Alaska’s Premier Wildlife Sculptor, Frank Entsminger, has studied wildlife in the Alaska wilderness for OVER FIVE DECADES bringing an unparalleled depth to his art. These true-to-life bronzes could only be the work of one who deeply understands wildlife.
Frank Entsminger is a sculptor in taxidermy and wildlife art. Frank’s love of nature and the outdoors began as a child in Montana. At a very young age, he collected mice to skin and mount and then make wildlife scenes in a shoe box. Later, Frank worked as a taxidermist for Great Falls Sporting Goods in his early high school years.
Just out of high school in 1962, Frank ventured to Alaska with two high school buddies, Sandy Jamieson, artist, & Marty Rinio, taxidermist. Since then, he has roamed Alaska’s vast wilderness both as a hunter and student of wildlife anatomy. His first 15 years in Alaska were spent in the Fairbanks area operating Northland Taxidermy with partner, Marty Rinio. A deep passion for wildlife and wilderness prompted Frank and his wife Sue to move to the Mentasta Mountains south of Tok where they started their business Wilderness Creations and Taxidermy. They have an abiding interest in the land, wildlife and their Alaska native neighbors.
In the midst of this rural wilderness setting, Frank is frequently afield with his spotting scope hiking the mountains observing and photographing sheep, moose, caribou, bears, waterfowl, small birds and mammals. Frank’s trained eye focuses not only on their beauty, but also the animal’s anatomy along with their movements. Frank art career began while Frank was using his life experiences to create clay three-dimensional ideas for his life-size taxidermy work. Frank natural ability in animal anatomy later turned to art.
Years ago, many people recognized his self-taught talent and encouraged him to make the sculptures more permanent. Joe Halko, a friend & renowned bronze artist in Montana suggested to Frank to turn his conceptual sculptures into bronzes. But this did not happen until a tragedy occurred in Frank’s life. In 1976, Entsminger’s lost their home to fire, leaving Frank’s hands severely burned. He was unable to use his hands for two months. After the bandages came off, he began exercising his fingers by sculpting miniature waxes. Fate has a way of changing your life & opening new doors. In 1979, Frank cast his first sculpture bronze.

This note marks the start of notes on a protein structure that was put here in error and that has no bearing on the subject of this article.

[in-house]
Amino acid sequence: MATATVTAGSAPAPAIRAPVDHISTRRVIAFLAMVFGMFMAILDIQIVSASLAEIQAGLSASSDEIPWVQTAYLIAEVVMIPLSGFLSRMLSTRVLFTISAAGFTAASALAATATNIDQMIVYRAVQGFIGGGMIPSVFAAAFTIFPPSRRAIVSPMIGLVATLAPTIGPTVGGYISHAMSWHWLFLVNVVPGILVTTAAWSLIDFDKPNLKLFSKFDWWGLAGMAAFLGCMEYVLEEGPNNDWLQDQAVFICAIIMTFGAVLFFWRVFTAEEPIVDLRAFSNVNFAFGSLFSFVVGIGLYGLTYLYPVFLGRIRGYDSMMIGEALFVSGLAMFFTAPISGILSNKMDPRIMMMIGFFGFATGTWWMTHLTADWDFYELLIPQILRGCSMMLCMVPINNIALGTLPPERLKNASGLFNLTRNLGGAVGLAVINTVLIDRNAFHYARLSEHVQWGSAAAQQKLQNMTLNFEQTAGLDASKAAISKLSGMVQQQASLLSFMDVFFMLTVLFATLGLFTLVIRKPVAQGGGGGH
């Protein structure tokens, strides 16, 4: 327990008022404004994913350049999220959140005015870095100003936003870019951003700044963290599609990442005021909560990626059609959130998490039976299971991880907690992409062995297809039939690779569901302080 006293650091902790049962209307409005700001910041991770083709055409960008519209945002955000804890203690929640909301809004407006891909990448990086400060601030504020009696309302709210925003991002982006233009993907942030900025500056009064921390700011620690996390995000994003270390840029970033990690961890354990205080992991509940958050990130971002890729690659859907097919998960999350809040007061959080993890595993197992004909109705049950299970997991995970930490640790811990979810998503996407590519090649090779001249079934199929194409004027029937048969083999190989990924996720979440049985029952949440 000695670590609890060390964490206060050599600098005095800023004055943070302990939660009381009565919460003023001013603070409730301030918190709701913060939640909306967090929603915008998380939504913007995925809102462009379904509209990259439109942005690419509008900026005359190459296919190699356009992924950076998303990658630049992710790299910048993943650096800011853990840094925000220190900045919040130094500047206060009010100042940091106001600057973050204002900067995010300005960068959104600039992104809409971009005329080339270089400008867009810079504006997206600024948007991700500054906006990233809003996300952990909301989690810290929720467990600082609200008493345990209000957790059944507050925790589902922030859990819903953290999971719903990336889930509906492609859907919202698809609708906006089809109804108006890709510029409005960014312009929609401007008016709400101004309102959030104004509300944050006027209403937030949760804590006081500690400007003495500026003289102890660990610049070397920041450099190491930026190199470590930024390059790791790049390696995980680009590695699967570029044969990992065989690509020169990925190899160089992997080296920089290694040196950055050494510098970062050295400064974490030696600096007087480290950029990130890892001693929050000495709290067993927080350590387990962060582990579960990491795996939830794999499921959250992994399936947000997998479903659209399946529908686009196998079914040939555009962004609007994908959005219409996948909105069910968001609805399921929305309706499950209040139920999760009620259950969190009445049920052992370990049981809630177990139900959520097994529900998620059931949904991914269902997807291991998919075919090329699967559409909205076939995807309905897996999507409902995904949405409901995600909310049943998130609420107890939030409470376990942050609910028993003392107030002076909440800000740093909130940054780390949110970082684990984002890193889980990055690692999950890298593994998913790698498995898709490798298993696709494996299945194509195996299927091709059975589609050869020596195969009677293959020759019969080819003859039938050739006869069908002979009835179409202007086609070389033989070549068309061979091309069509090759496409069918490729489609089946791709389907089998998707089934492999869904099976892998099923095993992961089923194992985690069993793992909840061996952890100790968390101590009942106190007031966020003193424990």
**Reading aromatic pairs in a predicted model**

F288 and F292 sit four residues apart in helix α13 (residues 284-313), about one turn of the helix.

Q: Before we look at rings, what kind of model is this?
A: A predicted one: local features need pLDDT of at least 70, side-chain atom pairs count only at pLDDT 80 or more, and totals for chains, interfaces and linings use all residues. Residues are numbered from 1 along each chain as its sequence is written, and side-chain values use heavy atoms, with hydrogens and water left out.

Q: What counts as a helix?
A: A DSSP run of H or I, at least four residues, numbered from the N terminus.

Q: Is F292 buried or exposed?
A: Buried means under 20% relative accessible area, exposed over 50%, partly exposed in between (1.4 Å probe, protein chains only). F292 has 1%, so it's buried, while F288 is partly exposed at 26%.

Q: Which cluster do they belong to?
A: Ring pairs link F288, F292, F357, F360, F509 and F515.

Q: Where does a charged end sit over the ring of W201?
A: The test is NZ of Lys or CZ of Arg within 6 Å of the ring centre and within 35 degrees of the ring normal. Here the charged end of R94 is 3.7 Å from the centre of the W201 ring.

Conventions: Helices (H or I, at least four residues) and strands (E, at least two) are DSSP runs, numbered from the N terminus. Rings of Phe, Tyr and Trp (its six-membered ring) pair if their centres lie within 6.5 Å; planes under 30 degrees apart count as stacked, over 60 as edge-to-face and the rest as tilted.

Since his early years as a bronze artist he has collected full skeletons of big-game animals to sculpt the muscles onto the skeleton lending accurate measurements & positioning. He then transforms the knowledge from the finished life-size model to his intended sculpture.
Frank’s countless hours spent in the field researching, observing, and photographing equals the hours in his studio transferring his knowledge, talents, and love of wildlife to each sculpture. When you see his work, you will understand the value of all this background work.
In recent years, Frank has traveled abroad to Asia on several hunting trips for the critters in the high mountainous area of Tajikistan & Mongolia. His interest in high alpine dwellers has broadened his art to Asian sheep and ibex.